Book Review: The Compost Pile by Stephen Woodfin

This story portrays how a small town reacts to the mysterious death of a young teen-aged girl.

STEPHEN WOODFIN is an attorney and author. Woodfin has spent many hours sitting at his desk and creating suspenseful thrillers. He has also spent many hours in a courtroom and is an expert when it comes to deposing/interrogating/cross-examining witnesses, always with the goal of convicting the guilty party and/or defending the innocent.

His legal expertise is evident in his eighth novel, The Compost Pile. This story portrays how a small town reacts to the mysterious death of a teen-aged girl named Mariska Hawthorne. Her body is discovered by a man walking his dog on a residential street on the far northeast corner of Seaside, Florida. The reader is appalled by the thought of someone dumping a beautiful, young girl on top of a compost pile as if she is nothing more than a piece of garbage.

Stephen Woodfin

Enter Shot Glass Reynolds, a former detective who made his debut in Woodfin’s novel, The Warrior with Alzheimer’s. Shot Glass, a recovering alcoholic, joins forces with an iconoclastic over-the-hill lawyer and an attorney who is fighting his own personal demons. The three men find themselves in a conspiracy with far-reaching tentacles. They must discover the real target of the conspiracy.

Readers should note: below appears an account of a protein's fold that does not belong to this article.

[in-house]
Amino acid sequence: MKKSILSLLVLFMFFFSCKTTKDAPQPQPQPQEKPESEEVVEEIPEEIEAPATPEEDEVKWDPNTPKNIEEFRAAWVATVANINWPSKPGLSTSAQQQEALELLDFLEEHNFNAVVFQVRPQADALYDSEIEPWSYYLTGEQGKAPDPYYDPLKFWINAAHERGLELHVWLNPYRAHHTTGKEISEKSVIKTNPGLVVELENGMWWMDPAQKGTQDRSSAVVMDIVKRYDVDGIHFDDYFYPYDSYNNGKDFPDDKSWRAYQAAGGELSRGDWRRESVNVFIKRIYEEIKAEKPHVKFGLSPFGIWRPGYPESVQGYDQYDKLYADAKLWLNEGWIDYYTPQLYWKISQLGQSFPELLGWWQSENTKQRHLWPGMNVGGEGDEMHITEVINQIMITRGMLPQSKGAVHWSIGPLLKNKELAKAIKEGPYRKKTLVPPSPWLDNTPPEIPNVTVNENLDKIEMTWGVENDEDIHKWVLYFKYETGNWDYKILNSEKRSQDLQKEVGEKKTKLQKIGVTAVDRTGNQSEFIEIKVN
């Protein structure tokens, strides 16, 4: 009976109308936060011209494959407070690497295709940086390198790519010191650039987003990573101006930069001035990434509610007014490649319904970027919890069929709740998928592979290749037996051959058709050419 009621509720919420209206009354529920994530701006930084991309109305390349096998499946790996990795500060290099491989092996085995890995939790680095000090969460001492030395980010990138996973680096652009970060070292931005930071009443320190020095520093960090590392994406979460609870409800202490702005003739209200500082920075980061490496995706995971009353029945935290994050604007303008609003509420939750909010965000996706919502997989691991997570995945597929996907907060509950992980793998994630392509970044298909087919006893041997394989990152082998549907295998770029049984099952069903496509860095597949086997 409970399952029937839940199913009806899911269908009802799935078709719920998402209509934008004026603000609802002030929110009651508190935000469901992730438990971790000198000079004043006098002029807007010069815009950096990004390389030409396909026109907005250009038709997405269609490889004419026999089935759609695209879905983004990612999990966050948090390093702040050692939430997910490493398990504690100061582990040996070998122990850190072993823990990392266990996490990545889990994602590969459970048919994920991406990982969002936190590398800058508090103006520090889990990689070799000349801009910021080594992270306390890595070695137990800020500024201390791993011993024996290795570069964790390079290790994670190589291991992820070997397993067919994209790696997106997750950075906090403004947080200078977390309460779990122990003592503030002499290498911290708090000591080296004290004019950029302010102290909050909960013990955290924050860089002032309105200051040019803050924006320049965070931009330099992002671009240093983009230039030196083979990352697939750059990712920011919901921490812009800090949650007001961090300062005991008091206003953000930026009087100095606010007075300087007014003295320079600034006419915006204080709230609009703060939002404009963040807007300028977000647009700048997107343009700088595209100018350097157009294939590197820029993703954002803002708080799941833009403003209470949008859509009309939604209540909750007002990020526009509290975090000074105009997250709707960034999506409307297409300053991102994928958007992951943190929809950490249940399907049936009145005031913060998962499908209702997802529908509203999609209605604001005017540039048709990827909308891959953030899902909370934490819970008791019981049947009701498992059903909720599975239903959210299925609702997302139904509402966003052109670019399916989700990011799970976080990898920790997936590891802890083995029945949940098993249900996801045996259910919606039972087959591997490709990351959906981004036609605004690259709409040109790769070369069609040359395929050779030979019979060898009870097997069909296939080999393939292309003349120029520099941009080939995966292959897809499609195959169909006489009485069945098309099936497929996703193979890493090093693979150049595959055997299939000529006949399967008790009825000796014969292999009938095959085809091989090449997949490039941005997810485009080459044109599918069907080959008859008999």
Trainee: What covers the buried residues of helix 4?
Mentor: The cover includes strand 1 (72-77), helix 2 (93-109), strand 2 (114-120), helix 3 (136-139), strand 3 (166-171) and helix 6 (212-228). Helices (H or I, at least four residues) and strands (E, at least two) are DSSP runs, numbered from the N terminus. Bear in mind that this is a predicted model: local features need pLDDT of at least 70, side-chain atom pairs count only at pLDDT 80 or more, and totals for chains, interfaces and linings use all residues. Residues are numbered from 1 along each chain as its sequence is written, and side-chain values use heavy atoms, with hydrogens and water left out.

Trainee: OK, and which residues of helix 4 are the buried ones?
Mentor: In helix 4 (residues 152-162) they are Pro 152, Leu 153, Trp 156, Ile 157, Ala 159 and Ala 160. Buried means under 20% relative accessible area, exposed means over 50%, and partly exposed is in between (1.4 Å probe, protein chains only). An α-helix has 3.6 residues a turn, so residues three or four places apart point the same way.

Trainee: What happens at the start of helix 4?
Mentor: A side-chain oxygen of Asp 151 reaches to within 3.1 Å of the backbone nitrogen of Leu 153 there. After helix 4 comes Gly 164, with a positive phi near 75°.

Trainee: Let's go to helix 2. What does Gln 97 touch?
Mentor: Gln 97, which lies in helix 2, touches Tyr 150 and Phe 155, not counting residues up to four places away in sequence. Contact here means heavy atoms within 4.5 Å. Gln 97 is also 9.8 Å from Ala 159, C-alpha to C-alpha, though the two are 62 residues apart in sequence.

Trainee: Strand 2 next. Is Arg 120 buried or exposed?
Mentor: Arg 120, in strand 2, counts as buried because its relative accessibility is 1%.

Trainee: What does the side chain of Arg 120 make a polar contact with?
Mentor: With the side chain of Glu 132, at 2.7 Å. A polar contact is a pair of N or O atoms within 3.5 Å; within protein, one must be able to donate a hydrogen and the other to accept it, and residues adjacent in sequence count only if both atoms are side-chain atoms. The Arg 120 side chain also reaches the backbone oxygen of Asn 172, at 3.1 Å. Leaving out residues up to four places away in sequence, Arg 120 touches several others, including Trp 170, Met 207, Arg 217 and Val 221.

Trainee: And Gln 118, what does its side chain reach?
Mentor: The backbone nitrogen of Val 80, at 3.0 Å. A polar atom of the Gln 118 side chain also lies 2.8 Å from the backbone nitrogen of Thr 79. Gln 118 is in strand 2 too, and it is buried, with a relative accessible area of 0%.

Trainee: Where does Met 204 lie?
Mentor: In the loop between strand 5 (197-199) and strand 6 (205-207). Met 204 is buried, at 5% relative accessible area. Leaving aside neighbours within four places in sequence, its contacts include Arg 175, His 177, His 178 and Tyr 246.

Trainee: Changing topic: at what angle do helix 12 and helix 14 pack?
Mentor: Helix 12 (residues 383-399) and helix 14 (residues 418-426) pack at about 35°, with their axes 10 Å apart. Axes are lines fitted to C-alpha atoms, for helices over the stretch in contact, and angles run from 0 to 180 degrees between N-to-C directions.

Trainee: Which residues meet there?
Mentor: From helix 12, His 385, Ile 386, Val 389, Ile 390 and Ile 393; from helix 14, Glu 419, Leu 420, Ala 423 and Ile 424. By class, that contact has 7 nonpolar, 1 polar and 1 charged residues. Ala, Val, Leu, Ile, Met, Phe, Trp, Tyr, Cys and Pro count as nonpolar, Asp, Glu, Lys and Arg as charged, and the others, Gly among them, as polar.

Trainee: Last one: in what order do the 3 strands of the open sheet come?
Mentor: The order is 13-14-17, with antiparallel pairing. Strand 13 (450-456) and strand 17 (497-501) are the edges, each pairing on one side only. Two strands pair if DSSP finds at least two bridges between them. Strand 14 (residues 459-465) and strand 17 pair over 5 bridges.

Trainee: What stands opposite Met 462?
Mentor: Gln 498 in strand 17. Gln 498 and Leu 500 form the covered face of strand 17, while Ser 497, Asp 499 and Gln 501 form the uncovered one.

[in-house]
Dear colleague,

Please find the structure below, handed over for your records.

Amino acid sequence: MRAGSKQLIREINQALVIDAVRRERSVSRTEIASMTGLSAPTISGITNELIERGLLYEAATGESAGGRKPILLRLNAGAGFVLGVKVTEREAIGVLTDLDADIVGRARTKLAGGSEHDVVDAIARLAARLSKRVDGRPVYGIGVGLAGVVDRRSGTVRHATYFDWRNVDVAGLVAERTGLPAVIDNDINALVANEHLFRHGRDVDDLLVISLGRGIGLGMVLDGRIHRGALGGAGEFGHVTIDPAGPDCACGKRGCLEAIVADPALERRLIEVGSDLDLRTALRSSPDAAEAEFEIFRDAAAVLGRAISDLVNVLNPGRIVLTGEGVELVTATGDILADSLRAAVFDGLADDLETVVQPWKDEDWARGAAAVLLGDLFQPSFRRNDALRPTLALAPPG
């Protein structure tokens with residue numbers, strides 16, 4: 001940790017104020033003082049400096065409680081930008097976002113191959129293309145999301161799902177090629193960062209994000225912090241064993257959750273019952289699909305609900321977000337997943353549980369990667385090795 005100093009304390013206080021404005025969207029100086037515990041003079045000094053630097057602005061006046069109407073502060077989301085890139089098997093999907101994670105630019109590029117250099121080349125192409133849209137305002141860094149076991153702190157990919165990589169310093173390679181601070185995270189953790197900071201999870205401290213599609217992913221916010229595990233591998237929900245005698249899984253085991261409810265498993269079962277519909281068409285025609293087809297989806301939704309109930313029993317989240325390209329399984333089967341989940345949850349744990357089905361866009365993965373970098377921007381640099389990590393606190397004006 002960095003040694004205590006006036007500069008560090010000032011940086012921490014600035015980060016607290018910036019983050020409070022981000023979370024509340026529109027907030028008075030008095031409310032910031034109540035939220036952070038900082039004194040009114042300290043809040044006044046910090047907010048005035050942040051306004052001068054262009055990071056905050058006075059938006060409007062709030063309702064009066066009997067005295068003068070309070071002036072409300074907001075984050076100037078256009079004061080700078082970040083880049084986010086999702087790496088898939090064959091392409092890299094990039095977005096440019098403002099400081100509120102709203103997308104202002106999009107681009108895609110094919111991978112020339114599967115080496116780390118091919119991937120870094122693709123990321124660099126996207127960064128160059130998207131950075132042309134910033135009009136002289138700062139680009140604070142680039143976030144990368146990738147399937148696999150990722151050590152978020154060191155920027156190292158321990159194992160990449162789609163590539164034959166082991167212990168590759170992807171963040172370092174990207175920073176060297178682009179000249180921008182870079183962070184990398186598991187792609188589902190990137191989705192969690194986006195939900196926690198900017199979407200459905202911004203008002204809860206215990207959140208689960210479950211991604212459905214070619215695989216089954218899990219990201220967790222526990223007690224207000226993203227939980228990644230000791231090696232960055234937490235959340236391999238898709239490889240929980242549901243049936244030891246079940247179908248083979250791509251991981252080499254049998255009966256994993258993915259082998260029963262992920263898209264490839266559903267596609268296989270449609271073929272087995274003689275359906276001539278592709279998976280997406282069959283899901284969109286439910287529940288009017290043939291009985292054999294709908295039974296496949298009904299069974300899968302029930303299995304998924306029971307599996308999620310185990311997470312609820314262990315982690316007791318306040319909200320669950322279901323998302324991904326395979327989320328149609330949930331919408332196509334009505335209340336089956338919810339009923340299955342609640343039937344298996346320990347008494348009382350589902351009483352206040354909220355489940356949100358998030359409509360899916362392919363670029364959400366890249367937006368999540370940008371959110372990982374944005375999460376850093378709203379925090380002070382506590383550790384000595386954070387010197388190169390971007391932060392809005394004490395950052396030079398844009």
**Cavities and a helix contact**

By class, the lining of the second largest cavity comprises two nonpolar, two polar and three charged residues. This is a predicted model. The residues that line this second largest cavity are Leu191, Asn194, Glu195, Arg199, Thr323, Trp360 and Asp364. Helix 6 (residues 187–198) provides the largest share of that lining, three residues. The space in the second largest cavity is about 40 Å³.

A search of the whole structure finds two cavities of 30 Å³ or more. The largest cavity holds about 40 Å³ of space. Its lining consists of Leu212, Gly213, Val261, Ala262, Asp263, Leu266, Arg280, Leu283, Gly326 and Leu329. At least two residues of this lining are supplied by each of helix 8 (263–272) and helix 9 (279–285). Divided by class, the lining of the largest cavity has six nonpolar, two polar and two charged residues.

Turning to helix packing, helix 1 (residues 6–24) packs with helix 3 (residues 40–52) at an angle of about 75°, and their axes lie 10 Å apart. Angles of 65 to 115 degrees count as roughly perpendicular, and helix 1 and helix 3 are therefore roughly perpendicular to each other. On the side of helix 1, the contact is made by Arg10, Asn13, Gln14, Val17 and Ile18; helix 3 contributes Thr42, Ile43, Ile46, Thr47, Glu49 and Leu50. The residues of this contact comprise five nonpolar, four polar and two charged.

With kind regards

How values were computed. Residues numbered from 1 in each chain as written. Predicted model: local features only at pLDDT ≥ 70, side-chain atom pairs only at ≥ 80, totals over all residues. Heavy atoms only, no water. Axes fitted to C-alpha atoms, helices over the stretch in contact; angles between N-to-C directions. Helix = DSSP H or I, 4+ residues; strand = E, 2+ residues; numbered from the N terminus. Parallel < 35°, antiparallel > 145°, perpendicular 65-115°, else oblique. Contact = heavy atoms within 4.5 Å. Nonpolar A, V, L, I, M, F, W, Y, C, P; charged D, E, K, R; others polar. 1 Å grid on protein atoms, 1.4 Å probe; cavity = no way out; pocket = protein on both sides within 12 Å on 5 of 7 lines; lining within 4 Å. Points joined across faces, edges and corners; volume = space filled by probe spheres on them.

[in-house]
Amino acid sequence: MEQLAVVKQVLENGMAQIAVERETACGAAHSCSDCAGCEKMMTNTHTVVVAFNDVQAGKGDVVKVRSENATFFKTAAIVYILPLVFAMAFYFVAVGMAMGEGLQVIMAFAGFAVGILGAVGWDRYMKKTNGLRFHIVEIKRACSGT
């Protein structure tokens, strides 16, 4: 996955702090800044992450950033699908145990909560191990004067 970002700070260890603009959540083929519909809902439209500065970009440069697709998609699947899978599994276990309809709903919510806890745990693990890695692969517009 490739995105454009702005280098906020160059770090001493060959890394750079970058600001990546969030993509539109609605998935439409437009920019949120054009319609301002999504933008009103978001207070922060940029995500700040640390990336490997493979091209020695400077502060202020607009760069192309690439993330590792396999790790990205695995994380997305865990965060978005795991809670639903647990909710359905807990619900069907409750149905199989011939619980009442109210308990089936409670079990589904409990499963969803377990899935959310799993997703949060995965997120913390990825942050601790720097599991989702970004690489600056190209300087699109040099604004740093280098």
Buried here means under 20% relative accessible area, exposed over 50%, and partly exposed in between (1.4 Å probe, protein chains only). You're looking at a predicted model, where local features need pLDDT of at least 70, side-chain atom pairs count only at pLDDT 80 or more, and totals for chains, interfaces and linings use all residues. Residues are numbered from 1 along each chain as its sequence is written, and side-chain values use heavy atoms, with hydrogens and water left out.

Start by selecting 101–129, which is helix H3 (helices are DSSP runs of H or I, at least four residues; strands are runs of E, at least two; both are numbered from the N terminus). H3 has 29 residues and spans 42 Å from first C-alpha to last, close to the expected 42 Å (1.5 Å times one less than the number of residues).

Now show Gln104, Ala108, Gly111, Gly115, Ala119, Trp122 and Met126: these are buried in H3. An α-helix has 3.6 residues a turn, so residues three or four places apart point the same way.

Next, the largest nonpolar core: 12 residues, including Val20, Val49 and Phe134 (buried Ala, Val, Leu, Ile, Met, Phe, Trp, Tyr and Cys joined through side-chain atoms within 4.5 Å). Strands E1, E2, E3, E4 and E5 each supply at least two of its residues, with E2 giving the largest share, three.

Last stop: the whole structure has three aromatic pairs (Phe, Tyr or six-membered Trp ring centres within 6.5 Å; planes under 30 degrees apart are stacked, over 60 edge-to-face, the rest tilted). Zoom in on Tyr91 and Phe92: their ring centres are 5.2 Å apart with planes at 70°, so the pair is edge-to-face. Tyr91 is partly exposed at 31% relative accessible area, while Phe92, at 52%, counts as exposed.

Until the death of Mariska, the power brokers of Seaside kept their ugly secrets from the community’s residents as well as from the tourists who love spending hours on the white, sandy beach. Shot Glass causes an upheaval in the status quo of Seaside as he doggedly investigates the case. He is determined to prove the innocence of the young man accused of murdering Mariska. The district attorney doesn’t care about Mariska. He wants a swift trial so life as he enjoys it in Seaside can resume. No one escapes the eagle-like scrutiny of Shot Glass, especially Adrian LeBlanc who has until now claimed to be an eye witness. His allegation led to the arrest of Carter Clemons.

Woodfin’s ability to debunk a falsehood is evidenced by Shot Glass when the former detective visits LeBlanc two times in one day. He knows that LeBlanc has lied. Shot Glass says, “I’m a private dick now. But that doesn’t mean that you can lie to me.”

LeBlanc claims that he saw Carter and Mariska walking hand in hand down the street. Even though Shot Glass proves that from LeBlanc’s vantage point he could not have seen the young couple, LeBlanc is determined to point the finger at Carter.

So, questions remain. Who killed Mariska? And Why? And who are the parties to the conspiracy?

Please click HERE to learn more about The Compost Pile.

, , , , , , , , , ,

Related Posts